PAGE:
At last the boating season is here. A very warm Easter saw me painting the topsides of my wooden boat, Swift, doing my best to keep a wet edge going, writes Nick Ward.
Time to shake the spiders out of the sails, clean the decks, haul her out and clean her bottom and polish the propeller or to anti-foul it. And then go sailing!
There are many yards on the Island to choose from, who can do this sort of work for you. You will find they are very well-run and give good service. Lots of owners will spend the Winter afloat, only hauling out in the Spring for a quick wash and brush up. Others will bring their boats out in the Autumn and store them ashore until the Spring. It’s all down to cost: what is best for the boat?
My teak wooden Twister stayed afloat all Winter on a swinging mooring, tucked up under a good cover with plenty of air circulation. She wintered well, but when the time came to have her lifted and scrubbed, I found under engine she only did three knots. We were dragging half the Solent seaweed into the dock! The yard efficiently cleaned her off, but when I poked my finger up the cockpit drain, something bit me. I had lodgers and they had to go.
Some of the keener enthusiasts will sail all Winter. Water sports these days can be an all-round year pastime. And if you do it, much of it is about the clothing – having the right kit to keep you warm. Last Winter I enjoyed good sailing in a 40ft French-built boat with every gadget under the Winter sun, even warm air central heating controlled from an app from the owner’s phone.
Once the Spring came, our brokerage came alive with lots of new boats to sell and plenty finding new homes very quickly. Gone are the days when enthusiastic sailors would scour the yachting magazines, then go from Broker to Broker looking for the right boat. It’s all online nowadays, and prospective buyers are hungry for detailed images, some asking for specific pictures and measurements before they make the journey to the Island to look at the boat.
I met a very nice prospective buyer, who came from Poland to look at a French boat I had to sell, and which I later sold to a Spaniard from Barcelona. The lovely little fishing boat that we only had for sale for a week found a new home in the Shetland Isles, and I enjoyed delivering a 28ft motor sailer to the East Coast for a customer, a very pleasant trip.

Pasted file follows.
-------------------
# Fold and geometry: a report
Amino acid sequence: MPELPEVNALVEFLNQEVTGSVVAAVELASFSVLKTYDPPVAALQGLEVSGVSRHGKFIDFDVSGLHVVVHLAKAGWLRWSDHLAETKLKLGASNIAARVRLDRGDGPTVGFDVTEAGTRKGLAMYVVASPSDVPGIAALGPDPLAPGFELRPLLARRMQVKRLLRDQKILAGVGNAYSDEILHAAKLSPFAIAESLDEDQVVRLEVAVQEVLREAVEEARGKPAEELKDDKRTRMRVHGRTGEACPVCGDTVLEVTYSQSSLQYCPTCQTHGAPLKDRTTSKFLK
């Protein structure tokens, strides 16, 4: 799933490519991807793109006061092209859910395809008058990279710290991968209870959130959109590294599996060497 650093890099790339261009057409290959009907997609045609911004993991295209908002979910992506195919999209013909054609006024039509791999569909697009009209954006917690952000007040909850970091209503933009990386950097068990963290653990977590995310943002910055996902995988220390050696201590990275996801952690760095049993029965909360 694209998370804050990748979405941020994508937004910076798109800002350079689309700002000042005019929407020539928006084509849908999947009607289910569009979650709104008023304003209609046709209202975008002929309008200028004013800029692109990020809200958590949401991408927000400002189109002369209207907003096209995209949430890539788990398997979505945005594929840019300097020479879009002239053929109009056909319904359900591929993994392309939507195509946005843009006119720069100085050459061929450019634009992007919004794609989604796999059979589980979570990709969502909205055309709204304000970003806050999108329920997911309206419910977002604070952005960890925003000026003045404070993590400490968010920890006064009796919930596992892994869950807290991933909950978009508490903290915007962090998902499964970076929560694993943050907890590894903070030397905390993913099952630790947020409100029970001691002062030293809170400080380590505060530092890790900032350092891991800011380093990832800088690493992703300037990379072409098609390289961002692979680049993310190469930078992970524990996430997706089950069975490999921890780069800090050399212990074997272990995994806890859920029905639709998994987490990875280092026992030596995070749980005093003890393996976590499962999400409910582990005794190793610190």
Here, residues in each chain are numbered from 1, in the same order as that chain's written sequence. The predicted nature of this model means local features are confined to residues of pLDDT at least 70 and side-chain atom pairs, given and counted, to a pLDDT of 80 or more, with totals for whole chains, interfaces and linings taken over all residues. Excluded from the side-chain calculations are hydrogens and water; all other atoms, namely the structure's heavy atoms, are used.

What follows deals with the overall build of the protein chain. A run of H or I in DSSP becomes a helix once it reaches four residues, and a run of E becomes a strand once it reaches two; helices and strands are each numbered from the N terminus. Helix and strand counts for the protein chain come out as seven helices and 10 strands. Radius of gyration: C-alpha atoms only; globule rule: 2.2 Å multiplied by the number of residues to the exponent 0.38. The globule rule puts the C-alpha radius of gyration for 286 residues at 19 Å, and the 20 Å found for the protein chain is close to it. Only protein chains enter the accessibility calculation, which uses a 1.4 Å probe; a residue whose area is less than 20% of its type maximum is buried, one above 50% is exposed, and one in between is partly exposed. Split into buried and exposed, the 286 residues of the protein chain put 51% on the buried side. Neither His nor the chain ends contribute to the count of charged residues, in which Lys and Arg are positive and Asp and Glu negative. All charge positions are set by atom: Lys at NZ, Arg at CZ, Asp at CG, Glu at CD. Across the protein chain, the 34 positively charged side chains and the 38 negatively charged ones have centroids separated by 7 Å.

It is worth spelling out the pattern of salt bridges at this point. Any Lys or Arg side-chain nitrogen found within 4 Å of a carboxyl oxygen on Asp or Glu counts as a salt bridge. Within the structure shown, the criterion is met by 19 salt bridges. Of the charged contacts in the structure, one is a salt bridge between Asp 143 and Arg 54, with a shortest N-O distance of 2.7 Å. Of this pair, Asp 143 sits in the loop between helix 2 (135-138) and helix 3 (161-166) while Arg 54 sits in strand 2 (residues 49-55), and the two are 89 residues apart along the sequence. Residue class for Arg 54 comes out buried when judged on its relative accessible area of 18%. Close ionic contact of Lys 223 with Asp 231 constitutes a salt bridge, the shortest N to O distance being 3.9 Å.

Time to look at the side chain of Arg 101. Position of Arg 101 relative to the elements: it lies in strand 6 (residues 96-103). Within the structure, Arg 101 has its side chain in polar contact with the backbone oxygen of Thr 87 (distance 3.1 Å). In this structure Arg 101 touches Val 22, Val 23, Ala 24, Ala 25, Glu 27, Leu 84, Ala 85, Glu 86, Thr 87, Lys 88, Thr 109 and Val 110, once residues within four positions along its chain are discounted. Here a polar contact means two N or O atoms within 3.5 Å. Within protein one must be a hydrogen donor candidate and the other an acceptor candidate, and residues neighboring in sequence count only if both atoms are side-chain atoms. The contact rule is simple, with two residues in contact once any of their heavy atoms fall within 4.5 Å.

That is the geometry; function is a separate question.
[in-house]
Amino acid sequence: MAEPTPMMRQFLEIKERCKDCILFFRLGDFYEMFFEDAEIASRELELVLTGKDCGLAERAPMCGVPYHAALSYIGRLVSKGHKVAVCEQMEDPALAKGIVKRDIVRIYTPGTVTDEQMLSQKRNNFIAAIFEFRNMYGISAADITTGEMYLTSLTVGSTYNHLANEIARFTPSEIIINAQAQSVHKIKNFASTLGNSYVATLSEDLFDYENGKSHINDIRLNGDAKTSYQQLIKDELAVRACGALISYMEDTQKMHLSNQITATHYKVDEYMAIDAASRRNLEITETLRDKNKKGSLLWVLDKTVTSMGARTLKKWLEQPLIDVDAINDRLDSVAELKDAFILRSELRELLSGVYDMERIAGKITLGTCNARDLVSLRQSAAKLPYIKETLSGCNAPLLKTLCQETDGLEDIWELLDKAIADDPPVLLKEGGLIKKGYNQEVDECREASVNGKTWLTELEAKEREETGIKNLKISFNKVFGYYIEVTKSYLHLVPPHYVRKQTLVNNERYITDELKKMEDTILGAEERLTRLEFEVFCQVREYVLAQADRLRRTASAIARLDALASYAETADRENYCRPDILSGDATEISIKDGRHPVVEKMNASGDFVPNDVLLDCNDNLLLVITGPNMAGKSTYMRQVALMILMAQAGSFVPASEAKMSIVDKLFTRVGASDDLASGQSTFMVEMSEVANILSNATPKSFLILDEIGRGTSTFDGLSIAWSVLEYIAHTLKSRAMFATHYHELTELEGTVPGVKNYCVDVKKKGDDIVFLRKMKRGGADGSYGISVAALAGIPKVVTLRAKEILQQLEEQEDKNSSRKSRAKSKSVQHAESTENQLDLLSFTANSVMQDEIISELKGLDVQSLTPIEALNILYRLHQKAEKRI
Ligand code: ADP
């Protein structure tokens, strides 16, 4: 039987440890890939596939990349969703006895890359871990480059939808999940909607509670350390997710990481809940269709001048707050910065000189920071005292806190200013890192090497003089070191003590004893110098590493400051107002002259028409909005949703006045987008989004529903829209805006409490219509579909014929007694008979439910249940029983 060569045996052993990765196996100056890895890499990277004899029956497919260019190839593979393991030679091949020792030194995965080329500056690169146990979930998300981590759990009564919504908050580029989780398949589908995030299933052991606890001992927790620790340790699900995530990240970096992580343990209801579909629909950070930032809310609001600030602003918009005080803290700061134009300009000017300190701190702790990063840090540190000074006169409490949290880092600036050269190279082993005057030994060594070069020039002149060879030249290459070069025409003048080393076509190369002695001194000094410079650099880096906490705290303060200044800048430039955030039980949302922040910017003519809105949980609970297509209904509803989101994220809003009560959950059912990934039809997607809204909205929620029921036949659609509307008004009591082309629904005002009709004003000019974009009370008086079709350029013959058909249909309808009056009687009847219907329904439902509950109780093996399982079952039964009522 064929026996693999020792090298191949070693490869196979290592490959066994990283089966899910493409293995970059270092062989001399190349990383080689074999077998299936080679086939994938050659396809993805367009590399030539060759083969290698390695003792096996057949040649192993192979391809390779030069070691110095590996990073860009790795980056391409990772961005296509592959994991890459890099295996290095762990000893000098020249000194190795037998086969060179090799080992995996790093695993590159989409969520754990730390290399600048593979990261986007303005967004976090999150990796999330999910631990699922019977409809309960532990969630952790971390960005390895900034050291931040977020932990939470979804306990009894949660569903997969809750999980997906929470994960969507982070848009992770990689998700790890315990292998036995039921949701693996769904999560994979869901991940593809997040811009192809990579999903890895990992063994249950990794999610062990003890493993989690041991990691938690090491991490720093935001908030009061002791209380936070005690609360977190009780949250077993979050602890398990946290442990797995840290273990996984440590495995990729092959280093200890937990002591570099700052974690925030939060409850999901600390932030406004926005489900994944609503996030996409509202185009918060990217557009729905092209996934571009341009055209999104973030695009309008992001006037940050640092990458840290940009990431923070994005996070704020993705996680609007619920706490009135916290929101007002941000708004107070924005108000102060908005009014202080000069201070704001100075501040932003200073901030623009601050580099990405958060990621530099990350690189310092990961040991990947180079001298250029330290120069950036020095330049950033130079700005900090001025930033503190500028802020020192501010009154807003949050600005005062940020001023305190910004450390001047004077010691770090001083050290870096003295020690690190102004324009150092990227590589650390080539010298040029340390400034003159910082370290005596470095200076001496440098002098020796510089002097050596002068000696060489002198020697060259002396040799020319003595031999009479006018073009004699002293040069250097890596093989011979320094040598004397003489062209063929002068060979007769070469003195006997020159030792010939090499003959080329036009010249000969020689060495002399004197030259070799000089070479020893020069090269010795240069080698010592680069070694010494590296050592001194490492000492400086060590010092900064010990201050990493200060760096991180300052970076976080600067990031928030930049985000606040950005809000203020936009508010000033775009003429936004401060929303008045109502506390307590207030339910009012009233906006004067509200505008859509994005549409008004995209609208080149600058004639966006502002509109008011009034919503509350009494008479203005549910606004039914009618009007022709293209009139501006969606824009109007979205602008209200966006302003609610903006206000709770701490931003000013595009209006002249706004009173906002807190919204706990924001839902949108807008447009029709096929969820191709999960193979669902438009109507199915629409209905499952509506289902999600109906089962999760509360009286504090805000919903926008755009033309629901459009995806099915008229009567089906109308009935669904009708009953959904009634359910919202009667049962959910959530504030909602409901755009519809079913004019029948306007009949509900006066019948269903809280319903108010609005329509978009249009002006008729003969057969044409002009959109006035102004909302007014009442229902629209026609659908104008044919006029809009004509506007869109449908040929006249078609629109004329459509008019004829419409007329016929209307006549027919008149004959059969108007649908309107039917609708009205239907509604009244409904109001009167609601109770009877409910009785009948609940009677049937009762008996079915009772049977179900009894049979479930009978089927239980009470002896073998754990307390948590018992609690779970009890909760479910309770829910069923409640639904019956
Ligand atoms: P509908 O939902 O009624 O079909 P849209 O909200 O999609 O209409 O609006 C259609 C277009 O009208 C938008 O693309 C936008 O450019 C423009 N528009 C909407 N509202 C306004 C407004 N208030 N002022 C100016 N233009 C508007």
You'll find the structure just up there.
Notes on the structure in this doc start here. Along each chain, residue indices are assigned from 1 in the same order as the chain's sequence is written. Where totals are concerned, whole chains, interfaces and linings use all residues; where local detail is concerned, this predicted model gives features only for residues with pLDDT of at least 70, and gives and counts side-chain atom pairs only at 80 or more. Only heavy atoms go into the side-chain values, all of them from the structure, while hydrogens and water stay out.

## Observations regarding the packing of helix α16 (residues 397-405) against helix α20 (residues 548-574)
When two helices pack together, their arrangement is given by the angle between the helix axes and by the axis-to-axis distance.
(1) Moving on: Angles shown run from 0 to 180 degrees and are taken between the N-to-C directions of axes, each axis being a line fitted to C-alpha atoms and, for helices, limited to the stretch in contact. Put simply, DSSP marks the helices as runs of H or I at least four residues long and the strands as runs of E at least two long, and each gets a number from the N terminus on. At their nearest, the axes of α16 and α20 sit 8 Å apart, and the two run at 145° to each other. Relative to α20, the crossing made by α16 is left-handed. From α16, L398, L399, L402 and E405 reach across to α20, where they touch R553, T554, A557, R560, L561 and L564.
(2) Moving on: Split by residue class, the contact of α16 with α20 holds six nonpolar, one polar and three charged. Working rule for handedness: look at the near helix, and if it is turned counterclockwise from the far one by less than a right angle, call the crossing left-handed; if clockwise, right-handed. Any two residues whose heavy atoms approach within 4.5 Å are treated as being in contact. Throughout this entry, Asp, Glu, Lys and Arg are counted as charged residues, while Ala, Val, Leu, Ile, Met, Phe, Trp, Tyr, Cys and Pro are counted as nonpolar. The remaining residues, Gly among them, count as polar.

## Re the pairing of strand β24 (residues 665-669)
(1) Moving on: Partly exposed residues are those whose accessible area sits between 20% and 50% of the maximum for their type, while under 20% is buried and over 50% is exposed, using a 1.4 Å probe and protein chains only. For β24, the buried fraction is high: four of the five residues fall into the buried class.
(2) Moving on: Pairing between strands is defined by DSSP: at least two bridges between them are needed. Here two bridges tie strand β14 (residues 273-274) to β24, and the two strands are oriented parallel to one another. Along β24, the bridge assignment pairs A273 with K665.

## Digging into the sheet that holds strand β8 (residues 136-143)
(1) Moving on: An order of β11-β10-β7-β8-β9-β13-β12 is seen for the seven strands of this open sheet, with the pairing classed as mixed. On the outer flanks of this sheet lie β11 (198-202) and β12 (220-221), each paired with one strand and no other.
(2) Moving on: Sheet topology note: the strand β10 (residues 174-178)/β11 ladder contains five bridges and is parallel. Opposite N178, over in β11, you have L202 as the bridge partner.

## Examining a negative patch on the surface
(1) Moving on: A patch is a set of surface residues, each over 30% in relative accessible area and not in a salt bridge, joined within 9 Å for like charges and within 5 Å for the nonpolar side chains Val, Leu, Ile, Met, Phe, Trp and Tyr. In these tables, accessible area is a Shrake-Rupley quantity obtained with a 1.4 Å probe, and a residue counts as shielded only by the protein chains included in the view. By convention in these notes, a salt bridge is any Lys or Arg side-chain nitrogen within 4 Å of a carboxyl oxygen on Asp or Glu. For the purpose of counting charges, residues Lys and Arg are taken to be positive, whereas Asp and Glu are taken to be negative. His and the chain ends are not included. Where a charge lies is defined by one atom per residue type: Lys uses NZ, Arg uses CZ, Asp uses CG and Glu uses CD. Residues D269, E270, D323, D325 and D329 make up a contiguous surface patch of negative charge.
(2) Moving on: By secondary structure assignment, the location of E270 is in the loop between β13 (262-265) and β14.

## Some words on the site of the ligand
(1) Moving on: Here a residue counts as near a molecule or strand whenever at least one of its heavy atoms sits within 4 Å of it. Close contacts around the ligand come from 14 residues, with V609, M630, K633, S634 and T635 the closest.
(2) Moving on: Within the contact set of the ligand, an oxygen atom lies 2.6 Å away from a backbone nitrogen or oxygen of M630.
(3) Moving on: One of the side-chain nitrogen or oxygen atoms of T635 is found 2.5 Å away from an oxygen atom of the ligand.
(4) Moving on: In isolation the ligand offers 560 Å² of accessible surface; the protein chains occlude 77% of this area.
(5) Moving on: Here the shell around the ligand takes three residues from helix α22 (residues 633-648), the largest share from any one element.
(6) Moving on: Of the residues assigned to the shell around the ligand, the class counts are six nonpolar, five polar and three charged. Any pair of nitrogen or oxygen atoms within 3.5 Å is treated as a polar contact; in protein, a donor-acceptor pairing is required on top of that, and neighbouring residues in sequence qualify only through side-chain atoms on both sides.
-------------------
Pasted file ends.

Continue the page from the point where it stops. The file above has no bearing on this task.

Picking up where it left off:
It’s been a busy first half of the year and I have only sailed my boat, Swift, a handful of times so far, but I am looking forward to venturing further afield during the late Summer. Last year, a friend and I sailed her back from the Baltic, via the Kiel canal. It took three weeks, perhaps I will tell you all about that trip in my next column!
Back to work, and offering advice is part of the service we give at Waypoint. Although one very nice couple who came to view a motorboat recently had clearly had not anticipated the friendly advice offered.
The boat in question was a well-looked-after motorboat that could easily speed down the Solent. A bit nippy, not the easiest to anchor nor in fact to get onboard. Not far into the viewing I often ask, “what do you want to use the boat for?”
It became very clear to me that this couple were more suited to a semi-displacement hull, cruising at, say, 10 knots, with good stable decks and grab rails for safe anchor handling and mooring.
“Yes”, they both said, “Have you got one on the books? “No, but it’s what I believe you need”. The viewing was cut short and there was no sale that day, but the following day we received an acceptable offer on the very same boat.
And I will look for a nice boat for my elderly couple.